Cancer is the generic term used to describe a group of diseases that involve a pathology characterized by abnormal and uncontrolled cell proliferation. Mechanistically, this group of diseases finds its etiology in a disturbance of the cellular signaling pathways that in physiology tightly control tissue compartment size homeostasis but in cancer lose feedback control. The studies presented in this thesis on gastric cancer appear to at least partially support this concept. The survival rate of a gastric cancer patient is dependent on the associated immune parameters within the tumor microenvironment. I feel it constitutes a prognostic marker that can be used to evaluate if an individual is at risk of cancer development, and if the disease has developed can assist in treatment selection. An important goal in this respect that has not yet been satisfactorily reached is to determine a mechanistic signature (expression patterns of immunomodulatory molecules, ratios of immune suppressive cell types over immune effector cell types etcetera) that is associated with either success or failure in immunotherapy. The absence of such a predictive signature now greatly hampers implementation of immune checkpoint therapy in gastric cancer. Hence patients that might benefit from such therapy are being denied access to it whereas patients are not benefiting from immunocheckpoint-directed therapy suffer its side effects. Nevertheless, the emerging capacity to better characterize both cancer cells for neoantigen expression and to precisely phenotype the tumor microenvironment will undoubtedly improve matters in this respect. It is important to stress. However, that final success in the battle against gastric cancer will depend not only on improved therapy in these late phases of the disease. Gastric cancer remains an important contributor to overall mortality and especially cancer-related mortality when viewed globally. To deal with this problem it will be necessary to improve prevention, e.g. by widening opportunities for more active screening of subjects which are predisposed to develop gastric cancer, to improve the efficacy of screening procedures involved and to better understand the gastric cancer process as to open novel avenues for the rational treatment of disease, in particular opportunities for preventive therapy when atrophic gastritis develops should exist. My thesis also contributes to gastric cancer prevention. Gastric atrophy is thought to be a precursor for malignant neoplasm formation. Therefore, enhancements in techniques used for atrophy diagnosis might help identifying individuals at risk for gastric cancer. My findings have thus relevance for recommendations with respect to the examination and grading of atrophy. This will envisage in-depth histologic atrophy and should function as a useful assessment tool for evaluation of premetastatic tumor conditions during an endoscopic investigation in routine clinical practice, particularly for patients in developing countries.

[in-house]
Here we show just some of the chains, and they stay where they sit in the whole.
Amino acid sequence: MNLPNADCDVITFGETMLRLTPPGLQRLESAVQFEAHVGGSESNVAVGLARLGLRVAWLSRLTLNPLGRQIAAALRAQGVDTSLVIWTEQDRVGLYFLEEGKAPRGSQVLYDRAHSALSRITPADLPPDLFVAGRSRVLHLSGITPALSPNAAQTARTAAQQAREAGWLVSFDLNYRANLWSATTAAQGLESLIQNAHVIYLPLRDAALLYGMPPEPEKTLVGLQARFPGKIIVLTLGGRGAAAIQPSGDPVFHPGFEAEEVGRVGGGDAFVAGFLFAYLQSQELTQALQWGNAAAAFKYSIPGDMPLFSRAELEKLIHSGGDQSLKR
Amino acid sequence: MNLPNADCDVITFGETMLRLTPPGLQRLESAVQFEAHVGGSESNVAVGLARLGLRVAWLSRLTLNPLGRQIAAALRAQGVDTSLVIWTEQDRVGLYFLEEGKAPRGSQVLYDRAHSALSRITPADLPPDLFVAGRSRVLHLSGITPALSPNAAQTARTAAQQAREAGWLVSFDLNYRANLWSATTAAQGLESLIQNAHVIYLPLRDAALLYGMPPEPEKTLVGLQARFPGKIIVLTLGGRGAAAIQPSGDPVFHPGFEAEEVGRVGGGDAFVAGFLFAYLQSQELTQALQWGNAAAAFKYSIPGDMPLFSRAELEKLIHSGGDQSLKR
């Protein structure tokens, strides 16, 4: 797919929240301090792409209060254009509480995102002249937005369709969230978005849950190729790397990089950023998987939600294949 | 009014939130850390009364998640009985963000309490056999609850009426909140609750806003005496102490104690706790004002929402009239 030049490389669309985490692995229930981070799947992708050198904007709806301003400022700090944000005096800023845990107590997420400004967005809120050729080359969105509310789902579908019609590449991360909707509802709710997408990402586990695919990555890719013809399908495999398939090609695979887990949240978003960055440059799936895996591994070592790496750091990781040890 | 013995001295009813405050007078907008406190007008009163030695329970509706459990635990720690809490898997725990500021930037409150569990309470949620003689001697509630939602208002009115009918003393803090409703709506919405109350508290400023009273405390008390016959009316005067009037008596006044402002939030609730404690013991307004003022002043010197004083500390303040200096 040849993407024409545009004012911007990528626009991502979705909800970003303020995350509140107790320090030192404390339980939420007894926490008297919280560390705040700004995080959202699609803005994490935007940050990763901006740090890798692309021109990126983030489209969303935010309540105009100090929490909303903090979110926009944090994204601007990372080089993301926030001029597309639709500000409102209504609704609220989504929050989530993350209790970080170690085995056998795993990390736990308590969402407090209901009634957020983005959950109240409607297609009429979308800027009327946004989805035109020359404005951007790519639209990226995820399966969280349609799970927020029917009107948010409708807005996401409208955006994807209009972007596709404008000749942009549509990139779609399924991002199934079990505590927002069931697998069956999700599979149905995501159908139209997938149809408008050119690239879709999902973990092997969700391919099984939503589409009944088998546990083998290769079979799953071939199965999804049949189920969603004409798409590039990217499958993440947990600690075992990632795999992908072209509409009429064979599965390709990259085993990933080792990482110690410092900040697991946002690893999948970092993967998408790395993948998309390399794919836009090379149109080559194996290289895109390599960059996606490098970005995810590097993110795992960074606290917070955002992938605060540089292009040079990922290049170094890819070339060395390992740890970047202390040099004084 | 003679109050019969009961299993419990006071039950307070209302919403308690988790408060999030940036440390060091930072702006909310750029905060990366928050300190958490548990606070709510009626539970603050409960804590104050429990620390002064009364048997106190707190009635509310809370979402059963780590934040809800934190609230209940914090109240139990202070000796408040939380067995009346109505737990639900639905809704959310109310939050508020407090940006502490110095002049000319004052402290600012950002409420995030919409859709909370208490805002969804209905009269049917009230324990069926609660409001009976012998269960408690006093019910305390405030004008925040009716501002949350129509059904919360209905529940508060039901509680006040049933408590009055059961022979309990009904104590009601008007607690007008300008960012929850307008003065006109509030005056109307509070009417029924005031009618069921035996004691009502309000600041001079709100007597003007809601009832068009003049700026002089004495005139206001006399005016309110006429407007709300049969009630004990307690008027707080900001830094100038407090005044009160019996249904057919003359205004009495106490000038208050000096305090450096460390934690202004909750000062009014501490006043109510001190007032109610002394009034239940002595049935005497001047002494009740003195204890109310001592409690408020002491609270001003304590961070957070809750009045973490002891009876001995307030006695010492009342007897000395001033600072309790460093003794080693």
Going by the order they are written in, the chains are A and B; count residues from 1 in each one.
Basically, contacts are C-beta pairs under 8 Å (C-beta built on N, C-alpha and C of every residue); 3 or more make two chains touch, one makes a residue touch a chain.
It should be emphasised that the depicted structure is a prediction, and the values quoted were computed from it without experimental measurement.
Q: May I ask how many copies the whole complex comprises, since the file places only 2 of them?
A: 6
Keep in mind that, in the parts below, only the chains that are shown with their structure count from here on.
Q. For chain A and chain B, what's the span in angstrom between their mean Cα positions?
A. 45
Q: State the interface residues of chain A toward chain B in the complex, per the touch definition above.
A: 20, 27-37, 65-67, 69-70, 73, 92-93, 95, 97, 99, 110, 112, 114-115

, , , , ,
M.P. Peppelenbosch (Maikel) , A.P. Verhaar (Auke)
Erasmus University Rotterdam
Department of Gastroenterology & Hepatology

Adamu, A. I. (2018, July 3). Helicobacter pylori and Gastric Cancer: From Tumor microenvironment to Immunotherapy. Retrieved from